Home » Reviews » Drama » The Words Are There, theSpace @ Surgeons Hall (Theatre 1) – Review

The Words Are There, theSpace @ Surgeons Hall (Theatre 1) – Review

One of the pitfalls of a patriarchal society is that male victims of abuse are reluctant to speak out. Amongst many gender clichés, they are expected to "man-up" and deal with their own issues without seeking help, even more so when the perpetrator belongs to "the fairer sex". Currently, this is thought to be one of the main causes of the soaring suicide rates amongst young males in Britain and Ireland. Ronan Dempsey's The Words Are There addresses this issue with a tense physical drama, in which the main character Mick has a speech impediment, symbolising his inability to…

Summary

Rating

Excellent

A one-man show investigating domestic abuse from the point of view of the male victim, pointing out that violence is genderless and everyone is entitled to a voice.

User Rating: 0.55 ( 1 votes)

One of the pitfalls of a patriarchal society is that male victims of abuse are reluctant to speak out. Amongst many gender clichés, they are expected to “man-up” and deal with their own issues without seeking help, even more so when the perpetrator belongs to “the fairer sex”. Currently, this is thought to be one of the main causes of the soaring suicide rates amongst young males in Britain and Ireland.

Ronan Dempsey’s The Words Are There addresses this issue with a tense physical drama, in which the main character Mick has a speech impediment, symbolising his inability to talk about his girlfriend Trish’s wrongdoings. For this reason, he remains almost silent throughout. Instead we hear his voice in snippets of recorded conversation, whilst on stage his body shivers, cripples and crumbles under the burden of his ordeal.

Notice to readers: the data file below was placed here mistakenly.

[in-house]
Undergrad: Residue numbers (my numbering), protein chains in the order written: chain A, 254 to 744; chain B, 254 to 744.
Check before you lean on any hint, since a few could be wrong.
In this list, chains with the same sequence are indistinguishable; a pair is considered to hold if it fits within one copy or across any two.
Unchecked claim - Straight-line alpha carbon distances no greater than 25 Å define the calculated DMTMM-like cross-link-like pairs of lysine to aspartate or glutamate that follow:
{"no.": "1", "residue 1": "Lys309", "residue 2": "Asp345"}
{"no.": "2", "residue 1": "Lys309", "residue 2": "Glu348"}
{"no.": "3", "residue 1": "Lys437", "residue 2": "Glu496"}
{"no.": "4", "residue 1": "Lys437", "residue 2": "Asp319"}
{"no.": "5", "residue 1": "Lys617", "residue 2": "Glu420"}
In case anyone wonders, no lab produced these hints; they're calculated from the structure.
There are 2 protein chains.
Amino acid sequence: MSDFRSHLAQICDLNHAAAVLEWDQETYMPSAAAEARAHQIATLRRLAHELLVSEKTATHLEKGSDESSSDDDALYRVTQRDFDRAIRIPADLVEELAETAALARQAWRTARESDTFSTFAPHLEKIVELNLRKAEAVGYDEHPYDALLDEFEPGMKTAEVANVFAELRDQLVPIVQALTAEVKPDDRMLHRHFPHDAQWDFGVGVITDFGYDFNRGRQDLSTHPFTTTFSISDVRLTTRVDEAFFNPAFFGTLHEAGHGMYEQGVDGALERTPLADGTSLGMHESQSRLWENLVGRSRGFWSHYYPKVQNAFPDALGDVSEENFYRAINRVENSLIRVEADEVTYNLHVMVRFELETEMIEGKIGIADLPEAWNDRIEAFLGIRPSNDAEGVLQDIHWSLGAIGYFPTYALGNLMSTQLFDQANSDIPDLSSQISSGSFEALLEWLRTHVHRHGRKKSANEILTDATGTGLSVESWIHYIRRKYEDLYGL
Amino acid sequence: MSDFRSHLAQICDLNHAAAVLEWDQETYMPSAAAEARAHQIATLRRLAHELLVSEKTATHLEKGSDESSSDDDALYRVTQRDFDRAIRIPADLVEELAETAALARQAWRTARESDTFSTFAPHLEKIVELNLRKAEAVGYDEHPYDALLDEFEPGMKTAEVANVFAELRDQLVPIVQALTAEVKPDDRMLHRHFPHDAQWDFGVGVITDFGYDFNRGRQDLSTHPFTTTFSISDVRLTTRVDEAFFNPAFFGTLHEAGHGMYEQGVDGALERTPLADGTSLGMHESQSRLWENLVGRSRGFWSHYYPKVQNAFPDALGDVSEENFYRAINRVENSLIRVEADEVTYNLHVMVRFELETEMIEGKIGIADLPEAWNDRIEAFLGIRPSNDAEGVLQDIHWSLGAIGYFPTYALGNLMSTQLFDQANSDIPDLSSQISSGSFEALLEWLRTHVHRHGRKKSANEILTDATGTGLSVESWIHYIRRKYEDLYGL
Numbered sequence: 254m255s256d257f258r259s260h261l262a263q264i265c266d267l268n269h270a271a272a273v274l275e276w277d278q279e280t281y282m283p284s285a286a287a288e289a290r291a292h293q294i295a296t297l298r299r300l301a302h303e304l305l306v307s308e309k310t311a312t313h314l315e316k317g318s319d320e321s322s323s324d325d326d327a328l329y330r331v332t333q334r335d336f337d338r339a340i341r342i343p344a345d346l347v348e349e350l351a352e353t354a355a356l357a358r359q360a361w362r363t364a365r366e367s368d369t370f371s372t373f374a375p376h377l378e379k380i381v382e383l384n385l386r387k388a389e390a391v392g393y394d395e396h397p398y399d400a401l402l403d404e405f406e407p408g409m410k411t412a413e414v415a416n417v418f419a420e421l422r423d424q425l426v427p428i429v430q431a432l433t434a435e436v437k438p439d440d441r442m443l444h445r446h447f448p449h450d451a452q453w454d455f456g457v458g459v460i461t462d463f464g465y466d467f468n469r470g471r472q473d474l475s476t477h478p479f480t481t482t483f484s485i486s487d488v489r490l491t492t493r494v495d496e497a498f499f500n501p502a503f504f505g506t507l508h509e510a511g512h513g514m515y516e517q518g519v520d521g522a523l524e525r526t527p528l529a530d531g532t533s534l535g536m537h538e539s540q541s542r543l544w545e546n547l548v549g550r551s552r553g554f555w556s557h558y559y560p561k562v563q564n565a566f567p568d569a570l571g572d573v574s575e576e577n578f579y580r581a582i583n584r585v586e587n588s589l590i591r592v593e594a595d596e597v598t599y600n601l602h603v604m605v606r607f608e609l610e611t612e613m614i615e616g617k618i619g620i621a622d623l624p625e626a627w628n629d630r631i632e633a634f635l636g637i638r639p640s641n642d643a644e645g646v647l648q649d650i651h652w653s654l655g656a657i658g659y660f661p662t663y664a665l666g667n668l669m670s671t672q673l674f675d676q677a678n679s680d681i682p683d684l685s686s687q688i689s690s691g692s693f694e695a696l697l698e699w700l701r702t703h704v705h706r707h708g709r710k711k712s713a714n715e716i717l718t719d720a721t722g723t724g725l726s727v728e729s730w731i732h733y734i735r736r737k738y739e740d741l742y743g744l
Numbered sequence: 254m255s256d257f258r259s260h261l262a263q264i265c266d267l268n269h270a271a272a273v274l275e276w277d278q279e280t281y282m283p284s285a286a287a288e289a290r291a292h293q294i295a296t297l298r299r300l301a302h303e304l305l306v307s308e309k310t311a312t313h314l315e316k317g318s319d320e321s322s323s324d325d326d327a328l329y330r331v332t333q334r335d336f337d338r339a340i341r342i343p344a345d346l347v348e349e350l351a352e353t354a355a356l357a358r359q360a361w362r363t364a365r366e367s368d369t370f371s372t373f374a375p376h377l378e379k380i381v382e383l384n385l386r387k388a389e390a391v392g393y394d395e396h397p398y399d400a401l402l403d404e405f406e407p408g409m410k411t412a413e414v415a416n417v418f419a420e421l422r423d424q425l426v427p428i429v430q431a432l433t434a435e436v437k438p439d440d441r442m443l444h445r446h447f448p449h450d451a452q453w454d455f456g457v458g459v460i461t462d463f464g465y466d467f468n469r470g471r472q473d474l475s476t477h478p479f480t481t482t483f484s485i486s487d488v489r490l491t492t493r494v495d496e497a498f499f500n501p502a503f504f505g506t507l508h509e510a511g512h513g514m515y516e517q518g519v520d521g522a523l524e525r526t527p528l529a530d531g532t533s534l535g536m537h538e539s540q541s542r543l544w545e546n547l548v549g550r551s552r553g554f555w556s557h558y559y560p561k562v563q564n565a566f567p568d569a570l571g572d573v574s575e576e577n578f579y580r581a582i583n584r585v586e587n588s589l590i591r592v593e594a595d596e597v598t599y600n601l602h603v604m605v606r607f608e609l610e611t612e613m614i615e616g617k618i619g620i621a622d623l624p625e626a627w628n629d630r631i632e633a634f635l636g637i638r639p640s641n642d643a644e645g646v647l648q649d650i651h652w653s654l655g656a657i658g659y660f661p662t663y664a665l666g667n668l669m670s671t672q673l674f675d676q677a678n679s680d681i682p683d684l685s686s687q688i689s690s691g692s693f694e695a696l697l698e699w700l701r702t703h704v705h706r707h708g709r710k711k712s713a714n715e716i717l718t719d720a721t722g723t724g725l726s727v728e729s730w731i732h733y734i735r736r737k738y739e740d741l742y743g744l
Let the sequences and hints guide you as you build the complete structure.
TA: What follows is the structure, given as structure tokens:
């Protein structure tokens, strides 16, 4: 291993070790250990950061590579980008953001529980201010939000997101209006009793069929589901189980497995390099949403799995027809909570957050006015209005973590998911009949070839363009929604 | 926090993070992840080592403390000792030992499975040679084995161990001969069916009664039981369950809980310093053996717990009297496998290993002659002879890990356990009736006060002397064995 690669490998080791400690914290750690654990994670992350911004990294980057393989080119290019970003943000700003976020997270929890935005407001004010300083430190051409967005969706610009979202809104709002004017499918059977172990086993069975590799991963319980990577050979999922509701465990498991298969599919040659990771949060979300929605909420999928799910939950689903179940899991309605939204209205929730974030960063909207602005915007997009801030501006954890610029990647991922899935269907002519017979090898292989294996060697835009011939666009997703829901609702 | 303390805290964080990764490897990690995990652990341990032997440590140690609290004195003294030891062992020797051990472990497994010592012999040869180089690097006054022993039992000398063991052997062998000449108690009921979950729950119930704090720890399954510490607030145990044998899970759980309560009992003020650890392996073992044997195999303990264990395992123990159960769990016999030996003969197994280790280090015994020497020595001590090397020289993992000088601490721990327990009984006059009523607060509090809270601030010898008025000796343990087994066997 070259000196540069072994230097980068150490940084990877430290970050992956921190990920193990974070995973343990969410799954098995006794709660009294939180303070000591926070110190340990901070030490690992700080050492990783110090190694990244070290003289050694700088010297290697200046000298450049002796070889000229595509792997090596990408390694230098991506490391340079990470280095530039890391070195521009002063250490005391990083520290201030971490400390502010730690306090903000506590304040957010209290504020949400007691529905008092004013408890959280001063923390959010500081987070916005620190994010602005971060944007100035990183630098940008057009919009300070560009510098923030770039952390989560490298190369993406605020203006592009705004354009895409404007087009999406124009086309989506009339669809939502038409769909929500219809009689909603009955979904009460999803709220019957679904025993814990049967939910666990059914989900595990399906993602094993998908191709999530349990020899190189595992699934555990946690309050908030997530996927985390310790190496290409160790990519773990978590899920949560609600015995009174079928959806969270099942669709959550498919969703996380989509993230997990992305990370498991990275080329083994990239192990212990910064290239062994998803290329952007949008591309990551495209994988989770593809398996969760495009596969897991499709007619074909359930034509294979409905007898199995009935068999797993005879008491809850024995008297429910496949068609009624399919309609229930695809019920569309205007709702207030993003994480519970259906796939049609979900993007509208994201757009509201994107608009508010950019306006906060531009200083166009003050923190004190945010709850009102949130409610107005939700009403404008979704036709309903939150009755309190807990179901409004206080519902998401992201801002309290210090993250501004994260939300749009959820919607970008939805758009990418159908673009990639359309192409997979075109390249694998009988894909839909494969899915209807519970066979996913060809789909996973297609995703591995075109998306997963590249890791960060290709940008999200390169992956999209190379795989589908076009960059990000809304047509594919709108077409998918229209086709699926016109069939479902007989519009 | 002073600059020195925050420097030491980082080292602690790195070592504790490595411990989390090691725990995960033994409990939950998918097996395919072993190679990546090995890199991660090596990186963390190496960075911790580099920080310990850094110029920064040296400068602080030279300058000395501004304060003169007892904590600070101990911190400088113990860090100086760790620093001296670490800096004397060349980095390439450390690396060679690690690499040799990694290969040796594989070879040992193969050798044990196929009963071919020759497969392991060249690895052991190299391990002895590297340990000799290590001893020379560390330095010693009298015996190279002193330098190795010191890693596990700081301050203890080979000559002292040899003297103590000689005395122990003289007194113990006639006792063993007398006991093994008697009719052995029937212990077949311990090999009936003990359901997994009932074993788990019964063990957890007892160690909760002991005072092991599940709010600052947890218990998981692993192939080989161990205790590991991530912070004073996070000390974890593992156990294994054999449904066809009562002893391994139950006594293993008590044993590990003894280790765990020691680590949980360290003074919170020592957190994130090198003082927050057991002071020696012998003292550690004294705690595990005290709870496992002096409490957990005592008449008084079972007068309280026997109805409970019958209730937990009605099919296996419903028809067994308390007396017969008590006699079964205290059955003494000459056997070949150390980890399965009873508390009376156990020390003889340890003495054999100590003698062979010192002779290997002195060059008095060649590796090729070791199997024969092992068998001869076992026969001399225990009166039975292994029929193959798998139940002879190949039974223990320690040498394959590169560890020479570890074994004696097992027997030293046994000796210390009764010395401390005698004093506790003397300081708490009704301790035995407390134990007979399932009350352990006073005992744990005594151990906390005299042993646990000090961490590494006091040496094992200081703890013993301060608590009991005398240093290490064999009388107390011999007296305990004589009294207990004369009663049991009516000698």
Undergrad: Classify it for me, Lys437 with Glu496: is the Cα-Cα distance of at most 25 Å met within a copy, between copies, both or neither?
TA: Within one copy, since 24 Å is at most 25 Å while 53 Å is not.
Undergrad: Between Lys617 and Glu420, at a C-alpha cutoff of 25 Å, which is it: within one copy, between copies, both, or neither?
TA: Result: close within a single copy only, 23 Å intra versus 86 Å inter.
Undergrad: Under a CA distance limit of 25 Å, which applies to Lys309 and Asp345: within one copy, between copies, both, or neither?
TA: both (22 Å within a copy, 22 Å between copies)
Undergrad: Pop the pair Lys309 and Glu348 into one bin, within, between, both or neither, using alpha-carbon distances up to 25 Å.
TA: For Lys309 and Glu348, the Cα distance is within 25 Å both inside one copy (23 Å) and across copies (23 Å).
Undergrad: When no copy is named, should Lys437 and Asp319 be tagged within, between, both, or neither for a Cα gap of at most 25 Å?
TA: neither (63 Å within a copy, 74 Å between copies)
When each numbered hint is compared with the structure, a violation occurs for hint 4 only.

On the contrary, Trish never appears on stage in her human form. When we enter the auditorium, her name is written on the floor with strips of toilet roll, whilst her voice resounds in several scenes – first tender, then annoyed and finally downright slanderous. Gradually, Mick puts together her makeshift body by collecting everyday objects from the floor, as if to mould the idealised partner he yearns for. A mop becomes her main frame, with its bundle of strings gently brushed and styled by a caring lover.

They first met on a night out, when she had too much to drink and he helped her to find her way home. “You’re adorable with your little stutter”, we hear her saying. But their affections begin to falter, his kindness fading to insecurity and her repressed trauma becoming motive for abuse. “Stuttering bastard!” she shouts at him during one of her recurrent flare of rage. As things turn sour, Mick is devoured by growing anxieties, whilst she often loses control, until finally their relationship reaches the tipping point.

Owning the stage, Dempsey embodies this transition and the pressing subject matter with compelling physical mastery, building a blistering drama with only his body and a few props. Entirely absorbed in his character, he delivers an unforgettable performance.

Written, Directed and Performed By: Ronan Dempsey
Producer: Nth Degree Producton
Box Office: +44 (0)131 226 0000
Booking Link: https://tickets.edfringe.com/whats-on/words-are-there
Booking Until: 24 August 2019

About Marianna Meloni

Marianna Meloni
Marianna, being Italian, has an opinion on just about everything and believes that anything deserves an honest review. Her dream has always been to become an arts critic and, after collecting a few degrees, she realised that it was easier to start writing in a foreign language than finding a job in her home country. In the UK, she tried the route of grown-up employment but soon understood that the arts and live events are highly addictive.